Levy Online

Guide: Communicating Visual Concepts for Web Design

“Pop.” A too broad web design term.

Web design has its own language, and people that need web design have their own language, and sometimes these two languages are incompatible. Here’s a quick guide to visual concepts, as they relate to web design:

Resolution:

Your web designer says “This image is too low resolution” or “do you have a high-res version of this logo?”
Translation:
The photo is too small. It’s like taking a wallet-sized photo of your kids and physically stretching it out to fill a billboard. The result would be blurry and unappealing.
To see what your designer sees, try to zoom in on your photograph or logo. If it’s a photo of someone, can you see individual eyelashes, or are they too blurry? If it’s a logo, do the edges of the words look sharp and clean, or are they too blurry?
It’s easy to make a big (high resolution) picture smaller, but it’s impossible to make a small (low resolution) picture bigger. Always give your designer the biggest picture you can.

Focal Point:

Your web designer says “This design is too busy. We need a focal point.”
Translation:
You can decide what a visitor to your site sees first, second, and third. And you should. You want your customers to see that you have a money-back guarantee, and a sale on blue items, and are open on Saturday, and wrote a new blog, and offer free shipping. But you don’t want them to see all this information at once. The customer should first see the information that they care about the most, and lastly see a way to take action and buy your product. To do this, you use the focal points.

Pop:

You say, “Make this pop more.”
Translation:
There’s something lacking with the focal point, contrast, color vibrance, image choice, image position, font, font size, or any other design element that keeps you from being excited about the design.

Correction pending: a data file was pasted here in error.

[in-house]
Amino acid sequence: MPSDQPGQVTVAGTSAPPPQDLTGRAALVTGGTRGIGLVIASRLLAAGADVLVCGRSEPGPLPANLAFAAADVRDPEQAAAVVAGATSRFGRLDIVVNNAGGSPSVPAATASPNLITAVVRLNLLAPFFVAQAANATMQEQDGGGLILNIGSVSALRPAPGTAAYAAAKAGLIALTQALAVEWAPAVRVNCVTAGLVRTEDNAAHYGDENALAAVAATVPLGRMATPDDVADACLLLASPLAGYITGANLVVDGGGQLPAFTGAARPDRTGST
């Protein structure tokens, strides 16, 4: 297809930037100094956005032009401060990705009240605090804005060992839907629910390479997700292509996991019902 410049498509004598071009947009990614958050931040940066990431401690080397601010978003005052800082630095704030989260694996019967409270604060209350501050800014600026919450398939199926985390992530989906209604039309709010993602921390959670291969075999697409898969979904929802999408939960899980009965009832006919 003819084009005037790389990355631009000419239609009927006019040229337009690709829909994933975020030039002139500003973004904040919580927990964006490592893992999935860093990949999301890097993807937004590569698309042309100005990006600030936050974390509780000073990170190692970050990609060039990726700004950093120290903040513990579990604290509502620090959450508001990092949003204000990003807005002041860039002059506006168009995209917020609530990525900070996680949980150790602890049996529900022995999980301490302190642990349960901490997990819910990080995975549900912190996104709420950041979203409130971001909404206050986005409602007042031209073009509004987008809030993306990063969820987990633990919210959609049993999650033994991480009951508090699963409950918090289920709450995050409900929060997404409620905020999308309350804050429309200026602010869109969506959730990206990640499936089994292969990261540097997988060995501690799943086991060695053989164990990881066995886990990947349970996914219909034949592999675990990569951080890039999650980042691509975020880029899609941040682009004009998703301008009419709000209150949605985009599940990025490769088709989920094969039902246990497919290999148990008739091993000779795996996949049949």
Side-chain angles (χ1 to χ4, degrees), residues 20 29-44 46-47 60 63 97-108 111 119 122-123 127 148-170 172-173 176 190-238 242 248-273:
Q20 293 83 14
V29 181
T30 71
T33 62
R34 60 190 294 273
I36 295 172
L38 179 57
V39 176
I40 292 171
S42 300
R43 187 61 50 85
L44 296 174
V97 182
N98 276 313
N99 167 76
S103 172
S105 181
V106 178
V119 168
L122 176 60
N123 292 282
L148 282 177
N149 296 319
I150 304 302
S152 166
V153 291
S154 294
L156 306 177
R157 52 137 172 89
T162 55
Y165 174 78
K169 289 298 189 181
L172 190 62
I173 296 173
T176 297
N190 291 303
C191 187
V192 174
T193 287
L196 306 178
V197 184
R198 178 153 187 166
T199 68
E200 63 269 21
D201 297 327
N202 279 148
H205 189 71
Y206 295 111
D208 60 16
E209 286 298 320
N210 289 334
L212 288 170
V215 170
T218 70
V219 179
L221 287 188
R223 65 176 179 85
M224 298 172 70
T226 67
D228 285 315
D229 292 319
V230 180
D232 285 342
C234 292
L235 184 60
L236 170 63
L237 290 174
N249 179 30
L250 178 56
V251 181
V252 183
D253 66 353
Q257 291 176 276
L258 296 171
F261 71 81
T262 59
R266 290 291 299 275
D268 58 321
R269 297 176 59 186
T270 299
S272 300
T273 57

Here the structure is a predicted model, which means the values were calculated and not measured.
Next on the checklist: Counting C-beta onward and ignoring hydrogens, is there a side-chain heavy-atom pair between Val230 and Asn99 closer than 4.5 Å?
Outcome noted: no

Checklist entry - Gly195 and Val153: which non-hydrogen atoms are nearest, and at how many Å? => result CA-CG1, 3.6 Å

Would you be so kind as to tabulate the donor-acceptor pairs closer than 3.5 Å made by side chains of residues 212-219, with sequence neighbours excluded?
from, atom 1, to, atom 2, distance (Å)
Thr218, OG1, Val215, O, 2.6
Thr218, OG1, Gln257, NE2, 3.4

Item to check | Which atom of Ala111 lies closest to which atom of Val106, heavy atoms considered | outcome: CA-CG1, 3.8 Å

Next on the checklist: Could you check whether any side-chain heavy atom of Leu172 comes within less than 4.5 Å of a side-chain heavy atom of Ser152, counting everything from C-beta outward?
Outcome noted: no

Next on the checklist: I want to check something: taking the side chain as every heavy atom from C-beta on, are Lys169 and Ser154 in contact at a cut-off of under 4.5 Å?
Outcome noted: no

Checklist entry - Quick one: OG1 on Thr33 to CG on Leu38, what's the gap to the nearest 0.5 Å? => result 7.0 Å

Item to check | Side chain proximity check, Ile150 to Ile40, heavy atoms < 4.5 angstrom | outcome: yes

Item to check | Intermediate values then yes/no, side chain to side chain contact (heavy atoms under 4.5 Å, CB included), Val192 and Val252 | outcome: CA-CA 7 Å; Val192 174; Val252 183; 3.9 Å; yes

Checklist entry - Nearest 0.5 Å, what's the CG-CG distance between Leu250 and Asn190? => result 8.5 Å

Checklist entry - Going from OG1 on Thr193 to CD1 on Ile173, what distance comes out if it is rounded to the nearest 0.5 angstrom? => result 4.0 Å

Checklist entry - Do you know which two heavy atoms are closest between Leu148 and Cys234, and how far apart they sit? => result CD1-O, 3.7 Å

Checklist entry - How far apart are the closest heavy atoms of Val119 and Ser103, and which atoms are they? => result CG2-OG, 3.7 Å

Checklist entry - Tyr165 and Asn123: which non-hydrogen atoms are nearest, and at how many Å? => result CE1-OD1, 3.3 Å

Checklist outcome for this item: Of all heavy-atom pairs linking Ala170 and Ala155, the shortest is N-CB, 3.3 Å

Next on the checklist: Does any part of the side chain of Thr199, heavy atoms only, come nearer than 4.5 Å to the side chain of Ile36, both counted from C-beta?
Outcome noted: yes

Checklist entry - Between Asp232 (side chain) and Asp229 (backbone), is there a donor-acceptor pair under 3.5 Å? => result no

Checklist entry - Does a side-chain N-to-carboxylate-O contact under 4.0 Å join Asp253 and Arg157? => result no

The problem with “pop” is that it means so many different things, it ultimately means nothing. It’s easy to fix a problem with the contrast, it’s hard to pin down a problem regarding “pop.”
Some points to remember:
Two things cannot “pop” at the same time with the same strength. You need to choose which thing will be most important.
You can make something “pop” so much that it’s difficult to look anwhere else on the page without your eye being drawn back to that one element. You almost never want to do this. A webpage should be a path for your visitor, not a roadblock.

Serif and Sans Serif

You say: “Can we make the font more friendly” or “This font is not professional enough!”
Translation:
You might be talking about serif which are the little decorative strokes found on individual letters. Look at the tops and bottoms of the letters in this sentence. Do they grow thicker, or feature little swirls or swooshes? That’s serif.
Serif is usually warmer and more human, sans-serif more professional and businesslike.

Warm and Cool Colors

Your web designer says: “Let’s try this with cooler colors” or “This might convert better with a warmer palette.”
Translation:
Generally speaking, warm colors are those that make you think of heat and warmth. Red, orange, and yellow are warm. Cool colors are those that make you think of chillier temperatures, like purple, blue, and green.
Warm colors are friendly and fun, blue colors are soothing and serious.

Lorem Ipsum

You say: “Why is my test site all in Latin? I speak Latin and this is very offensive!”
Explanation:
Your graphic designer is not usually the person writing the words for your site. But they need some words there, so they and you can see how the finished site will look. Because Latin is a dead language, but looks just like English writing from a distance, big selections of Latin text is used to fill out the site. It will/should all be replaced by the time your site is actually published to the web, and in the meantime you get to preview all the design elements, including fonts and letter spacing.
The phrase “Lorem ipsum” is a short way to describe all this text to a designer.
And in case you’re curious, lorem ipsum is mostly Latin gibberish, so even if you do speak Latin and are easily offended, you’re going to have a hard time reading it.